Senators and Call for Greater Disclosure of OLC Drone Memos

David Barron, the author of a July 16, 2010 Office of Legal Counsel opinion on the legal basis for targeted killing of a United States citizen, has been nominated for a judgeship on the U.S. Court of Appeals for the First Circuit. Several Senators from both parties have said they will oppose Barron’s nomination unless the administration complies with the Second Circuit’s recent order to disclose the legal analysis from the July 2010 Barron memo.

In response, the administration has offered to let all members of the Senate read the memo, which was previously only made available to members of the Senate Select Committee on Intelligence and the Senate Judiciary Committee. But at least two Senators, Senator Rand Paul (R-KY) and Senator Mark Udall (D-CO), have said that is not an adequate substitute for public disclosure.

Barron himself previously signed on to a statement that said ““OLC should follow a presumption in favor of timely publication of its written legal opinions. Such disclosure helps to ensure executive branch adherence to the rule of law and guard against excessive claims of executive authority,” and “Transparency also promotes confidence in the lawfulness of governmental action.”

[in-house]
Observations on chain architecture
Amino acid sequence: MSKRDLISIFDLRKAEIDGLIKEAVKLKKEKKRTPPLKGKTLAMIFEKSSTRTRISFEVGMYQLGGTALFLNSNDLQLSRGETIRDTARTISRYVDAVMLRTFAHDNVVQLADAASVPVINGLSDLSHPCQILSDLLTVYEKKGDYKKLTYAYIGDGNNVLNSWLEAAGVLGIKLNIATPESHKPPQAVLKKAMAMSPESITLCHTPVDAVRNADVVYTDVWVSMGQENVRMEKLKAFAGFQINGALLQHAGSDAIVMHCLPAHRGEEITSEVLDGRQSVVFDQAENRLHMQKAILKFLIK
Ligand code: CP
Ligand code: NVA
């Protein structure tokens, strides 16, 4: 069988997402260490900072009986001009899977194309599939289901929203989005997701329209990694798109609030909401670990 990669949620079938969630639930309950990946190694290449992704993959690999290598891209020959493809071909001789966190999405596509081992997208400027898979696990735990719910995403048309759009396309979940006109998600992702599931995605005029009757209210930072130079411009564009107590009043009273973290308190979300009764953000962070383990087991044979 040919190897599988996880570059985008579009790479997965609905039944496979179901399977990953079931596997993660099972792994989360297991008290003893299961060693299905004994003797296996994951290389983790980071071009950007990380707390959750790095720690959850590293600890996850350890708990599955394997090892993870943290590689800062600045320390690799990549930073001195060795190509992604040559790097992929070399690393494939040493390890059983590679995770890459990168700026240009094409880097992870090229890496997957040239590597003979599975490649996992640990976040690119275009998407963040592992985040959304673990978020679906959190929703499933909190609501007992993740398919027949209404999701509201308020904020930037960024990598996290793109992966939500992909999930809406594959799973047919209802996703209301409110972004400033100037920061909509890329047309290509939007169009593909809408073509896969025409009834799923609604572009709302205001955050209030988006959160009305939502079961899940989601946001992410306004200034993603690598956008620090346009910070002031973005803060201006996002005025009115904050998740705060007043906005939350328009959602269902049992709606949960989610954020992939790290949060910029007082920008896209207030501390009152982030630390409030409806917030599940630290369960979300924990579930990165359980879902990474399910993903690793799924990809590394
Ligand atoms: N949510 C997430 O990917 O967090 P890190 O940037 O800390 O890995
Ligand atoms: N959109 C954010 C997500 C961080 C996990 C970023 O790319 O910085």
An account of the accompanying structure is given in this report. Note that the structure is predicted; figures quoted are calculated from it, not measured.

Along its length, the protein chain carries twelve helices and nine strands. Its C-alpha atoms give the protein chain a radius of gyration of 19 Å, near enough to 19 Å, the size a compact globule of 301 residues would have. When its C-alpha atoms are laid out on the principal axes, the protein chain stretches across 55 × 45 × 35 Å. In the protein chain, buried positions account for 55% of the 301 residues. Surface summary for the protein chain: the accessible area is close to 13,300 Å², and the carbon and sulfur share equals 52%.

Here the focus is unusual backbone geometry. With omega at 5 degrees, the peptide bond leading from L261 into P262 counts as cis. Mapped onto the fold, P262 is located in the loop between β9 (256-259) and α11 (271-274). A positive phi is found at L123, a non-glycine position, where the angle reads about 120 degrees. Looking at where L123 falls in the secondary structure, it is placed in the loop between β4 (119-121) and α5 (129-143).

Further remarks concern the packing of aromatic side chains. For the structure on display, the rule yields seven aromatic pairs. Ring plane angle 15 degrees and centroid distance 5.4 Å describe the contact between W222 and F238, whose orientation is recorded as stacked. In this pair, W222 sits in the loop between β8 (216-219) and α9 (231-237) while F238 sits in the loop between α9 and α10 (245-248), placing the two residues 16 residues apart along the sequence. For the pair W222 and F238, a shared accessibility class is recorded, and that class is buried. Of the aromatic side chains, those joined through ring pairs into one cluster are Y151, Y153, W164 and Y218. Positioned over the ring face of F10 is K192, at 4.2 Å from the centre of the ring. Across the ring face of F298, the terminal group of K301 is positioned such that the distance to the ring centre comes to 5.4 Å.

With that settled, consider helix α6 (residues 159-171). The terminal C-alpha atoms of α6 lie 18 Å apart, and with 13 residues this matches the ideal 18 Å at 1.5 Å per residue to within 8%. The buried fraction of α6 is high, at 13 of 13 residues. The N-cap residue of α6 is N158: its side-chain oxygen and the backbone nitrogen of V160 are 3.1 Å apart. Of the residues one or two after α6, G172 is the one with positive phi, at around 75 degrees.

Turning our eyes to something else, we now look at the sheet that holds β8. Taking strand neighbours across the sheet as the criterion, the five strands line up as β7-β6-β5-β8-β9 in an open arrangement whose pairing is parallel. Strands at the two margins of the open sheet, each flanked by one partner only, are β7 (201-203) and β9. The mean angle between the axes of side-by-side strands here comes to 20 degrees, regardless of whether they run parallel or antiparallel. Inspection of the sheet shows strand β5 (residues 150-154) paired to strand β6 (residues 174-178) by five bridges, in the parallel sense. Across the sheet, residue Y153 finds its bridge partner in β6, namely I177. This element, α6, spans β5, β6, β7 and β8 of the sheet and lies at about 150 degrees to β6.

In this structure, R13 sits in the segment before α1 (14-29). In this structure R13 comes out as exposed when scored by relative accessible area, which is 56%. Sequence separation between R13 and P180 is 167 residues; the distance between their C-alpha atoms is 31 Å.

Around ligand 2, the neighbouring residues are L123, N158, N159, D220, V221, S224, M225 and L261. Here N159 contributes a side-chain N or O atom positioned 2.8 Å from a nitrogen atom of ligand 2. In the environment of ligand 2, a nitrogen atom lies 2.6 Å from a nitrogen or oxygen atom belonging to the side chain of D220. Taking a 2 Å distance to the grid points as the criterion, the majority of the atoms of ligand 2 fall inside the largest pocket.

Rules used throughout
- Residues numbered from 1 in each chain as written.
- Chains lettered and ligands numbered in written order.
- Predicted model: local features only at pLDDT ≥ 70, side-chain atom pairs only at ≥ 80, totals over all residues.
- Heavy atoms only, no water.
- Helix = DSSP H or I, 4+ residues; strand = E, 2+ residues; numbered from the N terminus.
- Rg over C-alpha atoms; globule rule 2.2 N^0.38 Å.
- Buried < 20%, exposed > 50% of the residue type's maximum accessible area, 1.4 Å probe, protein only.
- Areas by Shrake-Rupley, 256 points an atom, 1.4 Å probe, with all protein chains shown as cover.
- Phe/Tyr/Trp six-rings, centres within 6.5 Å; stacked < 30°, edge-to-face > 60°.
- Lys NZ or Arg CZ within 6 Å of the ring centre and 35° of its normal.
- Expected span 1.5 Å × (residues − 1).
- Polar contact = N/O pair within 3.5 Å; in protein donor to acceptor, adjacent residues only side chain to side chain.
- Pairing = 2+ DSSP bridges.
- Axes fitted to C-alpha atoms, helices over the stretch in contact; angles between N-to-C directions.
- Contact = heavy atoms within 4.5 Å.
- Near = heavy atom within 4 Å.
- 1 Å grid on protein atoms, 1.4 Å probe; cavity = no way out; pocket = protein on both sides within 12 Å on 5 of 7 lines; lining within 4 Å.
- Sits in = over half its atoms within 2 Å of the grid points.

We agree. has sent the Department of Justice a short proposal for increasing transparency and improving Congressional oversight of Office of Legal Counsel (OLC) memoranda. The proposal makes the following recommendations:

1. The Department of Justice should not appeal the Second Circuit’s order regarding disclosure of the July 16, 2010 Office of Legal Counsel opinion and other information about the legal basis for the targeted killing program.

2. Once the intelligence community conducts operations in reliance on advice in a Department of Justice Office of Legal Counsel opinion, that opinion becomes the “working law of the United States.” As such, it must be provided to the Congressional intelligence committees in order to comply with the National Security Act’s notification requirements.

3. The Office of Legal Counsel should not rule out public release of all opinions that contain classified national security information. Rather, it should:

a. redact properly-classified operational information, but publicly release its legal analysis.

b. ask the appropriate officials within the Executive Branch, including the Original Classification Authority, the Public Interest Declassification Board and/or the Interagency Security Classification Appeals Panel, to review any information that may not be properly classified.

The full proposal, which takes no position on Barron’s confirmation, is available here.


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